John Haught and the Leap of Faith

I am quite taken with the writings of John Haught--particularly on how our concepts of God must change to account for evolution. A self-described "religious naturalist" (and great writer!) Chet Raymo, however, makes a good point--Haught's analysis of faith can only get him so far:

Why believe in the absence of convincing evidence? Says Haught: "Theology, unlike scientism, wagers that we can contact the deepest truths only by relaxing the will to control and allowing ourselves to be grasped by a deeper dimension of reality than ordinary experience or science can access by itself. The state of allowing ourselves to be grasped and carried away by this dimension of depth is at least part of what theology means by 'faith.'"

If this means we have an intuition of a depth to creation that for the moment -- and possibly forever -- eludes scientific explanation, then I would be the last to take issue. Art, poetry, even what we might call the mystical experience, all give expression to the sense that we remain profoundly ignorant of the universe of which we find ourselves a part. In fact, the more we learn scientifically about the world, the more marvelous and mysterious it seems. This is the faith of the religious naturalist. It is presumably what Haught means by "depth."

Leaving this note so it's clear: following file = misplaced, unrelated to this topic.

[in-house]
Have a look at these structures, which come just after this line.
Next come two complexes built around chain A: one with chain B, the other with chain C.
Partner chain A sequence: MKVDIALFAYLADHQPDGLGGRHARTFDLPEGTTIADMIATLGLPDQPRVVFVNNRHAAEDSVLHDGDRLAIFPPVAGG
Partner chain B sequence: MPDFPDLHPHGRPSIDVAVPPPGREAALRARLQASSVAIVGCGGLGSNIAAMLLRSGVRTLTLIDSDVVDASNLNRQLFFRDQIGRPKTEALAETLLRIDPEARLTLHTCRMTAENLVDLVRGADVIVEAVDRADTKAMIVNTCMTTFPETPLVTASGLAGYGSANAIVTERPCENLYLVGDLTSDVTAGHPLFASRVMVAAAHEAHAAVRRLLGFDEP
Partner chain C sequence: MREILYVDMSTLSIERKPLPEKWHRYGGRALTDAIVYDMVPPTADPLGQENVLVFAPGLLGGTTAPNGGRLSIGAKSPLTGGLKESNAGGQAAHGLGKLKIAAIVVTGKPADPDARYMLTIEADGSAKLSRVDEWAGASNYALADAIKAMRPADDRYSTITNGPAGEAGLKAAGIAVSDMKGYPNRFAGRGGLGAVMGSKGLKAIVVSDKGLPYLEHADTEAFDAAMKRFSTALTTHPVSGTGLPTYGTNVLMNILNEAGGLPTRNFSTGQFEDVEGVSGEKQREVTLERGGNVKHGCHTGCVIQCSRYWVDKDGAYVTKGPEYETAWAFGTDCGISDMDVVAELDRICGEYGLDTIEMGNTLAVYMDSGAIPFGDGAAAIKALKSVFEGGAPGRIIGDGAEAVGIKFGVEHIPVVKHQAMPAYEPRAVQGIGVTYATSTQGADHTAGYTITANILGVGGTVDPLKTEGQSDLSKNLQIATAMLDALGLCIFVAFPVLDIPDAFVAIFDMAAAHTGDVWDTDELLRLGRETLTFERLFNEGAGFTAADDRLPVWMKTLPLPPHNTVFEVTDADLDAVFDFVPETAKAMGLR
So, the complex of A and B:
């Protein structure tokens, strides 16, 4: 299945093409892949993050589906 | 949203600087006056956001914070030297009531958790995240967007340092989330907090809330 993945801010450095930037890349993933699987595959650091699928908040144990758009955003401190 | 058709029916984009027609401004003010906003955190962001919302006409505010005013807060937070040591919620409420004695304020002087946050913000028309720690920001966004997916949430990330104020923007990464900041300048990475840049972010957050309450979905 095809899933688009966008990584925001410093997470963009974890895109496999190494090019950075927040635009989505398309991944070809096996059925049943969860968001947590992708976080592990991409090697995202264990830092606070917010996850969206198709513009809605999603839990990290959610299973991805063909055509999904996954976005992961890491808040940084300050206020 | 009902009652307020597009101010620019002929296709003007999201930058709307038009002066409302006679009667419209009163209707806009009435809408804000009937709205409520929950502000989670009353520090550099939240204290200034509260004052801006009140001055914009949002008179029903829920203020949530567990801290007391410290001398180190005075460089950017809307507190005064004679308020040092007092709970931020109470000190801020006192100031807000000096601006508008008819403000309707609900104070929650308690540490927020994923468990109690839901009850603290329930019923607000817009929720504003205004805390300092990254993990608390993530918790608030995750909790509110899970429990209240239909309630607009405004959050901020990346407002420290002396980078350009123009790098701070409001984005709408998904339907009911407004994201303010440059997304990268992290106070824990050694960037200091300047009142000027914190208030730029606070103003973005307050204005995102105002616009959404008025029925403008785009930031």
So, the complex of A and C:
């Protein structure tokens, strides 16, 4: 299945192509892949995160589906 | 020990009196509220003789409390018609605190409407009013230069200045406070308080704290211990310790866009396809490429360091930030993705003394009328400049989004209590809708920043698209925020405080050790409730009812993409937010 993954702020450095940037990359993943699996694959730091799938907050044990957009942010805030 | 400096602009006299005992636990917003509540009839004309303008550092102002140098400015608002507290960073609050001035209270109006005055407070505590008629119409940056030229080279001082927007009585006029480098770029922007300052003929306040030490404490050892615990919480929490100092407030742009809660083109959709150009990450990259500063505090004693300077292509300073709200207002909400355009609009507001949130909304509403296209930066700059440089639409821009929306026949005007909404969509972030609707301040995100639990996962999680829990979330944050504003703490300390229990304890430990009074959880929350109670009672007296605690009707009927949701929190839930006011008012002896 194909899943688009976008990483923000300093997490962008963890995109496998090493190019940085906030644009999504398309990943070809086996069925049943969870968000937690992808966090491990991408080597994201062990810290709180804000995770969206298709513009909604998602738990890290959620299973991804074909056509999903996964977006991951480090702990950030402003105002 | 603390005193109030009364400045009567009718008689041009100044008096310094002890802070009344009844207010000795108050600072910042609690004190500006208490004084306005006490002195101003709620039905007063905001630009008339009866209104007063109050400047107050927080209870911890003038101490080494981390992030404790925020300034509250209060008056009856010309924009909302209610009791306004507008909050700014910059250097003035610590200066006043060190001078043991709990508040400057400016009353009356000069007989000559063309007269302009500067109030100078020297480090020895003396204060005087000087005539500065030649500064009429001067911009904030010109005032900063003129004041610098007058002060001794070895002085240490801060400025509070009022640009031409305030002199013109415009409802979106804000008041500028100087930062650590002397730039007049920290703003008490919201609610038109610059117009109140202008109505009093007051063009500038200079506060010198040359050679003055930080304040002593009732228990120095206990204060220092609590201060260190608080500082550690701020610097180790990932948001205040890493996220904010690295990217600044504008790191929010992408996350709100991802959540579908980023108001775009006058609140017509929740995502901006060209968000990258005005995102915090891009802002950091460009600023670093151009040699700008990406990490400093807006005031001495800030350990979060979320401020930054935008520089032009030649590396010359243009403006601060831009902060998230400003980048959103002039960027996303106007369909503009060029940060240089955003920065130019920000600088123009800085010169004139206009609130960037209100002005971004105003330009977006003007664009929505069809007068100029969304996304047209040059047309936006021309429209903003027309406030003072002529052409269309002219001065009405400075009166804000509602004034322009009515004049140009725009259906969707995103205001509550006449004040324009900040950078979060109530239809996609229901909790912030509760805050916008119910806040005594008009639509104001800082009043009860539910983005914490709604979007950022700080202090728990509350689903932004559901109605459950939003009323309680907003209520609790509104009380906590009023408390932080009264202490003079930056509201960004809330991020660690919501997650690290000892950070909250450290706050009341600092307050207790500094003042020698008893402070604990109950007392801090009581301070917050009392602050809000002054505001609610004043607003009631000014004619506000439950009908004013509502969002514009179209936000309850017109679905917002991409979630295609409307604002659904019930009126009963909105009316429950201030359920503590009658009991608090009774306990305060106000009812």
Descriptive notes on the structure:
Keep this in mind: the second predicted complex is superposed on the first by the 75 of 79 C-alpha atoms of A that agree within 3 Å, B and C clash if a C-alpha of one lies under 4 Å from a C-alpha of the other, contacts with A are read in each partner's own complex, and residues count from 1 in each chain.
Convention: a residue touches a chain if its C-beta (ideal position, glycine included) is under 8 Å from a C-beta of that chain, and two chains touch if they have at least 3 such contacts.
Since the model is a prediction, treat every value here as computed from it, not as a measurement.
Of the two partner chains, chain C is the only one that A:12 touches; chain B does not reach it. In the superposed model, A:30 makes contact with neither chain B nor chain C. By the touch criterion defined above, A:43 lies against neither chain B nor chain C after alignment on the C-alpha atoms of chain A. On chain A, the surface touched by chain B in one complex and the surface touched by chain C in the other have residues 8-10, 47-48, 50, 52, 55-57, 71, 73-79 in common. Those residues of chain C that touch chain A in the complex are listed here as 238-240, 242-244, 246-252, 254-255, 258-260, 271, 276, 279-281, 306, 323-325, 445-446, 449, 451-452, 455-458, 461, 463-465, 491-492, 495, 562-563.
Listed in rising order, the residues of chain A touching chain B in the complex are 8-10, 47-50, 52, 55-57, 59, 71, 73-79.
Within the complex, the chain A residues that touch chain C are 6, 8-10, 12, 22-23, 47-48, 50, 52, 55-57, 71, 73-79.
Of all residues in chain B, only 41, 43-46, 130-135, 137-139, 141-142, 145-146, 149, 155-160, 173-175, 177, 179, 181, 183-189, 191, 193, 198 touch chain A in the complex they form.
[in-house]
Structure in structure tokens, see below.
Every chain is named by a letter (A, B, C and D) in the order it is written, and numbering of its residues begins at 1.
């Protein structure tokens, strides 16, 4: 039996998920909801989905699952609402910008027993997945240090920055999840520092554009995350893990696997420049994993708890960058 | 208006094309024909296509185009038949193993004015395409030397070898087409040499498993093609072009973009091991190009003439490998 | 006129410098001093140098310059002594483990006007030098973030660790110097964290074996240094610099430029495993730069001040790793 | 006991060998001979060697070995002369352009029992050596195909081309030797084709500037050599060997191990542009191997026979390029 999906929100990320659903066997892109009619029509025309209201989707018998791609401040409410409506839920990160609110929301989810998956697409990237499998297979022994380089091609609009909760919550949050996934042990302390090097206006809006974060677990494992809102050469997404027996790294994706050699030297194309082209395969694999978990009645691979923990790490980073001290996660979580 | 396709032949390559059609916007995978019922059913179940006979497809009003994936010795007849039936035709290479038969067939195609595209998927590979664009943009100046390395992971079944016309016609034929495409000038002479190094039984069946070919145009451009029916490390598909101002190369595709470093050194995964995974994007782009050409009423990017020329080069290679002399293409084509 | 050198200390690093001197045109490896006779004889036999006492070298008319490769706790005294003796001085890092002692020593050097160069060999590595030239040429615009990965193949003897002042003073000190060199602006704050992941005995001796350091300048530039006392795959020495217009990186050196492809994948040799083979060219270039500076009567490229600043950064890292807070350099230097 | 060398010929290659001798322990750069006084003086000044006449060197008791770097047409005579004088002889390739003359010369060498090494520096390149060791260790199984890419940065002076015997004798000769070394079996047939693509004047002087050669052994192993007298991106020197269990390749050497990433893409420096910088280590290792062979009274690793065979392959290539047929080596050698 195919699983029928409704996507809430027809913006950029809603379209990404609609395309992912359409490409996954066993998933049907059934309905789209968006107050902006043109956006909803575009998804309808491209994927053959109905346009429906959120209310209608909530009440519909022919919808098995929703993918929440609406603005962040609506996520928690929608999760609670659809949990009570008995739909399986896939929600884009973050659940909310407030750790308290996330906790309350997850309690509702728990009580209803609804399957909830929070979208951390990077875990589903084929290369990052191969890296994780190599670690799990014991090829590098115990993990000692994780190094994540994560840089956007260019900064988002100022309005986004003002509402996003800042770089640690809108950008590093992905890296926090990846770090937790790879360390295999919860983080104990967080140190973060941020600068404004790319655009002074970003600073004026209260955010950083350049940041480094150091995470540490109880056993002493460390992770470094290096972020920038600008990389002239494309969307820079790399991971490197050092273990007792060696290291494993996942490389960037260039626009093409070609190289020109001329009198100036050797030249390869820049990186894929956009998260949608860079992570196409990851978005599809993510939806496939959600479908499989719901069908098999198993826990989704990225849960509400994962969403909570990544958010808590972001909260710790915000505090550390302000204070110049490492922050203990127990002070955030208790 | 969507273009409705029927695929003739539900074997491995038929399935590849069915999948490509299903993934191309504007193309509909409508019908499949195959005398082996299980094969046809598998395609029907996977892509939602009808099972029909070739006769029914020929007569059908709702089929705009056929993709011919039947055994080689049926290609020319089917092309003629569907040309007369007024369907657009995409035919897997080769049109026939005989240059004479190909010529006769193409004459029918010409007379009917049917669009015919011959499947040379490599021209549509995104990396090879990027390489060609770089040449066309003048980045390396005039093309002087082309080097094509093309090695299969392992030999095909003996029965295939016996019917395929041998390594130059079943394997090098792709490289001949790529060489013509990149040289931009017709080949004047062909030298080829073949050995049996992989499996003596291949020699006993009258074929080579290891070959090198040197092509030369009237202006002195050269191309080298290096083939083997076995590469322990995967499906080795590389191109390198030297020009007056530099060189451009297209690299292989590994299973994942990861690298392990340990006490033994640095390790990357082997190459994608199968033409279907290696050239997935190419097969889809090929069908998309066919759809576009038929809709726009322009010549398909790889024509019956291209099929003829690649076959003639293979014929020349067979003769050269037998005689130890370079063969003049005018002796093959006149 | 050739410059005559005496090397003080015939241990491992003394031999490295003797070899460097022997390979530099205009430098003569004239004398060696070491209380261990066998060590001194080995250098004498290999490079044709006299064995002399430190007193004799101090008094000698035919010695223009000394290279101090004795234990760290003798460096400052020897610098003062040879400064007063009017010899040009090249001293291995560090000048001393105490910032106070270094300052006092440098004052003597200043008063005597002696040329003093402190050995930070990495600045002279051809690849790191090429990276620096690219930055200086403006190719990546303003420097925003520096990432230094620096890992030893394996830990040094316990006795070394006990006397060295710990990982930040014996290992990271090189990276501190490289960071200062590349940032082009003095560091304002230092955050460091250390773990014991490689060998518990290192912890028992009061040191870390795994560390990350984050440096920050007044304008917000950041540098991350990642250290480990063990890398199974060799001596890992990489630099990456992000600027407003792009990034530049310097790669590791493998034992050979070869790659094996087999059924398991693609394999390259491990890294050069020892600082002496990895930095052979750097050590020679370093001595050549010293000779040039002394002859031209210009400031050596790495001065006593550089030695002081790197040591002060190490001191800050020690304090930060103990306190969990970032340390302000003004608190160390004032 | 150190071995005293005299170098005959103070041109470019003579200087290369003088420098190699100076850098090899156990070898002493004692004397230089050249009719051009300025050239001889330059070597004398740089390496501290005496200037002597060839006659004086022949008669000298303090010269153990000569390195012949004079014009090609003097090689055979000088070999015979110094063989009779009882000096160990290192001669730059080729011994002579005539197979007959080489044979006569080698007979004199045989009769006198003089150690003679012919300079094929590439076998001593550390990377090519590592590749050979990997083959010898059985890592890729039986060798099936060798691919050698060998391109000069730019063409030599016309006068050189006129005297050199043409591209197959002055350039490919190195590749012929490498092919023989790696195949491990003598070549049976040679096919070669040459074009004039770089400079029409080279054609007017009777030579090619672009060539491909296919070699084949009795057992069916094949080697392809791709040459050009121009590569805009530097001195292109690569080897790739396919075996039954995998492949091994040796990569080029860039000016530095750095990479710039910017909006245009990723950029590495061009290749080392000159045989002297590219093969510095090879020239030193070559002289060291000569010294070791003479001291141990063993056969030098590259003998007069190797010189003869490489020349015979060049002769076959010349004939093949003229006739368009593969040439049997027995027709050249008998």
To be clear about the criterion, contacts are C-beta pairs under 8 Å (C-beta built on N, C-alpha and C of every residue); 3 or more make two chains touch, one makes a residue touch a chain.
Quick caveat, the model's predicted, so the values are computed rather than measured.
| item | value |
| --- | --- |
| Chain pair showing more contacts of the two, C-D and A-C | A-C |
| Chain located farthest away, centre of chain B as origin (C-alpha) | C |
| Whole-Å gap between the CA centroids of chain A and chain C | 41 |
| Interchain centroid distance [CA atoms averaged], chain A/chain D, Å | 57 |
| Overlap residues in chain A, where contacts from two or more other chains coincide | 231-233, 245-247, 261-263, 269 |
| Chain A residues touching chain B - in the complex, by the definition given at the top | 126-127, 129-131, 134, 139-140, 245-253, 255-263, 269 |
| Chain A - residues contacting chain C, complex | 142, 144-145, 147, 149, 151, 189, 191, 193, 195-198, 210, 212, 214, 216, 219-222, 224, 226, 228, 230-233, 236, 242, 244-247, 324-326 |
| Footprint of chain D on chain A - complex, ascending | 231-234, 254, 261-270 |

But if Haught means we must relax our critical faculties and our respect for the evidence of "ordinary experience" in order to be "grasped and carried away" by some transcendent person, then the religious naturalist -- and most certainly Dawkins and company -- will beg to demur.

I don't think this second meaning is what Haught has in mind, but it's damnably difficult to pin him down. He wants to embrace an orthodox theology, but every time he eases up on a traditional dogma, he gets all wispy. "Inexhaustible mystery"? Fine. The "deeper ground" of our being? OK. But what about all that other stuff, John. The Nicean Creed, for example. Or the literal resurrection of the God-man from the dead. If it's all just symbolic language for expressing our sense of depth, then why not just come on over and join those of us who choose to put our faith in the reliable, tentative, consensus knowledge provided by science, while remaining open to the depth and mystery implicit in our essential ignorance. Surely there is enough to celebrate in this world of inexhaustible wonder without giving a wink and a nod to the neolithic formulations codified in Catholic doctrine.

Read it all here.


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